11 Songs, 56 Minutes

EDITORS’ NOTES

The spindly ex-Bauhaus frontman helped write rock’s book of gloom (alongside Joy Division, Siouxsie & The Banshees, et al) for legions of David Bowie–obsessed goth kids in the early '80s. That became his legacy. He has since aged rather gracefully within (and without) goth’s musical constraints, especially on 1988’s pop-transcendent Love Hysteria. Lion—his 10th solo album—is the best record he’s done since then. It exquisitely bottlenecks Bowie-ish art-house melodrama (“The Rose,” “I’m on Your Side”) with springy electro-pop (“Low Tar Stars”), dark glam (“Hang Up,” “Holy Clown”), and Turkish violins (“I Am My Own Name”). The music sounds vampire-ageless, yet overcast as hell. When Murphy sings a line like “I like that bitter pill/The killer instinct still,” you know he believes it. His voice is supersized in spots (rising to James Hetfield–like urgency on “The Ghost of Shokan Lake”); then it moves like gently exhaled cigarette smoke (especially atop the creepy theremin on “Loctaine”). Ably produced by Killing Joke’s Martin “Youth” Glover, Murphy’s rock theater is big, wide, and forever lanky.

EDITORS’ NOTES

The spindly ex-Bauhaus frontman helped write rock’s book of gloom (alongside Joy Division, Siouxsie & The Banshees, et al) for legions of David Bowie–obsessed goth kids in the early '80s. That became his legacy. He has since aged rather gracefully within (and without) goth’s musical constraints, especially on 1988’s pop-transcendent Love Hysteria. Lion—his 10th solo album—is the best record he’s done since then. It exquisitely bottlenecks Bowie-ish art-house melodrama (“The Rose,” “I’m on Your Side”) with springy electro-pop (“Low Tar Stars”), dark glam (“Hang Up,” “Holy Clown”), and Turkish violins (“I Am My Own Name”). The music sounds vampire-ageless, yet overcast as hell. When Murphy sings a line like “I like that bitter pill/The killer instinct still,” you know he believes it. His voice is supersized in spots (rising to James Hetfield–like urgency on “The Ghost of Shokan Lake”); then it moves like gently exhaled cigarette smoke (especially atop the creepy theremin on “Loctaine”). Ably produced by Killing Joke’s Martin “Youth” Glover, Murphy’s rock theater is big, wide, and forever lanky.

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Ratings and Reviews

4.8 out of 5
55 Ratings

55 Ratings

mozollini ,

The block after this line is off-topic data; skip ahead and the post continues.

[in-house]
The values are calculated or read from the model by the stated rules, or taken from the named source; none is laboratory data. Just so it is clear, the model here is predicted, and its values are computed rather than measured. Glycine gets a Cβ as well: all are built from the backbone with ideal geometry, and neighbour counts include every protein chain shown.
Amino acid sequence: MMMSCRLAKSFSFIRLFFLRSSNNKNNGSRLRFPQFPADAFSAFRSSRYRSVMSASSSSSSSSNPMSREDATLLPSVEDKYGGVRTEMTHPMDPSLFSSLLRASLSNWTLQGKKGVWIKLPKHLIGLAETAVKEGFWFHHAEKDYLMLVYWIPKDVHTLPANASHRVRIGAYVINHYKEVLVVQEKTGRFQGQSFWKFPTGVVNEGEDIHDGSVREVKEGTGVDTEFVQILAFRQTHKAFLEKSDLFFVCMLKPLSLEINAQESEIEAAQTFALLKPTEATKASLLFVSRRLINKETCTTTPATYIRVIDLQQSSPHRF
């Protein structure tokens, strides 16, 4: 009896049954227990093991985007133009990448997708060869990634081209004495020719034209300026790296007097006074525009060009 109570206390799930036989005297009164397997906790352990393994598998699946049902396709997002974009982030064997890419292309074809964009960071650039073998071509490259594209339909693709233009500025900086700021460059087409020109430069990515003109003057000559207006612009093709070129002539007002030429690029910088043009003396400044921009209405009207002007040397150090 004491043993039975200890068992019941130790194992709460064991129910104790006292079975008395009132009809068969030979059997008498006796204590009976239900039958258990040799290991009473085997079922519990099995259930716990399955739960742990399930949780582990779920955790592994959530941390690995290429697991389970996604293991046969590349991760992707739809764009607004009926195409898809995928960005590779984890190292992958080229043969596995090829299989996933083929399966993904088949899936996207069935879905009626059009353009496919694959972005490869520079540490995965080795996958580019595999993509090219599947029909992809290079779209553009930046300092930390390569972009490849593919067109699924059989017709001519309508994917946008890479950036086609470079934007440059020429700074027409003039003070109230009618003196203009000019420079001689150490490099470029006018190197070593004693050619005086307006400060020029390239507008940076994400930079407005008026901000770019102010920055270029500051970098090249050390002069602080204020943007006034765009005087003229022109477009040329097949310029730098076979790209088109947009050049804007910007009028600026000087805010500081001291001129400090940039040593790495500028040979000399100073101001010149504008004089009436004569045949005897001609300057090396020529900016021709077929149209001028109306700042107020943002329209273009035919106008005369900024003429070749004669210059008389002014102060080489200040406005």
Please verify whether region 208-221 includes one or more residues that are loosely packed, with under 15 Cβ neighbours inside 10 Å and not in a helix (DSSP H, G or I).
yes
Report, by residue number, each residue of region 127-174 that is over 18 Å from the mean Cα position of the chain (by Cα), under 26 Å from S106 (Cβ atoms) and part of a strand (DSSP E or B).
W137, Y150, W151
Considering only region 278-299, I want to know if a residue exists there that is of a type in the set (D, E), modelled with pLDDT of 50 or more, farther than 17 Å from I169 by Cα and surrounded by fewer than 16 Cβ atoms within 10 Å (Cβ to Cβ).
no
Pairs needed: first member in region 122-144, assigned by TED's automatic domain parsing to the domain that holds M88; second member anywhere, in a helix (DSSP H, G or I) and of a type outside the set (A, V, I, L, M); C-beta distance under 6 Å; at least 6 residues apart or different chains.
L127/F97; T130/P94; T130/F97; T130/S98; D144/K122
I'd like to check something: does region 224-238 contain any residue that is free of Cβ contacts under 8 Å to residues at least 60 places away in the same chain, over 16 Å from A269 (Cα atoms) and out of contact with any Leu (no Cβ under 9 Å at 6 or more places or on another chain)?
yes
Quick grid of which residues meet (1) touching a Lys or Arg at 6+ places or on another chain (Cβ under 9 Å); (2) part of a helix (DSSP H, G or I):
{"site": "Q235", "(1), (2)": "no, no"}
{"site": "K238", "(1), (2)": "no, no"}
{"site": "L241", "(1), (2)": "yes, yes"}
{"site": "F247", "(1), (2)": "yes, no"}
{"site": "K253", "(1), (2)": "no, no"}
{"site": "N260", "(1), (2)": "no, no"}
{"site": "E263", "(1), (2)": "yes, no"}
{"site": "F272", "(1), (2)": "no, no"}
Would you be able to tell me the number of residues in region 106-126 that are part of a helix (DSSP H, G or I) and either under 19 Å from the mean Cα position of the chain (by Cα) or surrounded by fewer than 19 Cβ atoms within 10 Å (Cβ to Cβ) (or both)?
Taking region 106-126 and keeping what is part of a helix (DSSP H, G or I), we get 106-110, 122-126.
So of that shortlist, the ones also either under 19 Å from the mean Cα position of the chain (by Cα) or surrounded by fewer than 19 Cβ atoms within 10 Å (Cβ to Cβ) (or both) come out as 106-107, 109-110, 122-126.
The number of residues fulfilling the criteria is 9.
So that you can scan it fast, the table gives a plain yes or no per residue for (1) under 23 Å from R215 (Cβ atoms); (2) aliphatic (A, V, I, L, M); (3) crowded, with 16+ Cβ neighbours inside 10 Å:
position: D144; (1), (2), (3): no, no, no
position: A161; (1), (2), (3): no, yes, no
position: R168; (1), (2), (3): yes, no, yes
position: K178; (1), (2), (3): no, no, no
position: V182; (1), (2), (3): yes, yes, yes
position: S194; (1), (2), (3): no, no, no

THE VOICE!

Thanks to Killing Joke producer, he allowed Peter Murphy to let rip his vocal style akin to his Live performances. Then added electronics to go with the power guitar sound. Peter Murphy has always had the best voice in goth/pop/rock field. Now you HEAR IT! Gorgeous Album.

RodrigoBlanco ,

Beautiful Album

Peter is one of those few artists that really has never put out a bad solo album in his entire career. Whatever stylistic differences the albums have, they're always top notch. I LOVE the sound of this album. Youth has produced many amazing albums for a wide number of artists but the combination of him and Murphy together is a match made in heaven. Can't recommend this album enough.

Aaron1979 ,

Stupendous Return to Form

Peter Murphy's "Lion" is an unequivocal triumph. "Lion" finds Murphy balancing his impeccable songwriting and lyricism with his continued foray into electronic instrumentation. Aurally - to echo the sentiments of countless listeners - it does sound like a strange amalgamation of Bauhaus, Nine Inch Nails, and 21st Century Depeche Mode. The surprising thing is: it works. Murphy's voice is in fine form, albeit somewhat subdued in the mix. "Hang Up" will go down as a classic Murphy tune: it swells with calm electronic looping as Peter's vocals become increasingly frayed, hanging on the edge of existential crisis. It sounds like something from latter-day Depeche Mode. "I Am My Own Name" starts slow before exploding in a gloriously repetitive chorus. "Compression" will also go down as one of Peter's finest: quiet and contemplative gives way to a gigantic soundscape that has to be heard to be believed. "The Ghost of Shokan Lake" is exactly how Murphy characterizes the album: a "rabble-rousing pirate sea shanty." "Eliza" hearkens to "Deep"-era material; exceptionally danceable with a tambourine-laden chorus that soars above Peter's wailing. It would be at home in an 80s goth club. "Loctaine" features one of our goth hero's gentlest deliveries in a long, long time.

Overall, "Lion" is an immense improvement over Murphy's latest efforts, particularly "Ninth." It is a fine return to form and indicative - to me - that Peter Murphy continues to be a viable contributor to pop and rock while many of his contemporaries wither among the hipster postmodern indies and fickle contemporary mainstream. Well done, Mr. Murphy.

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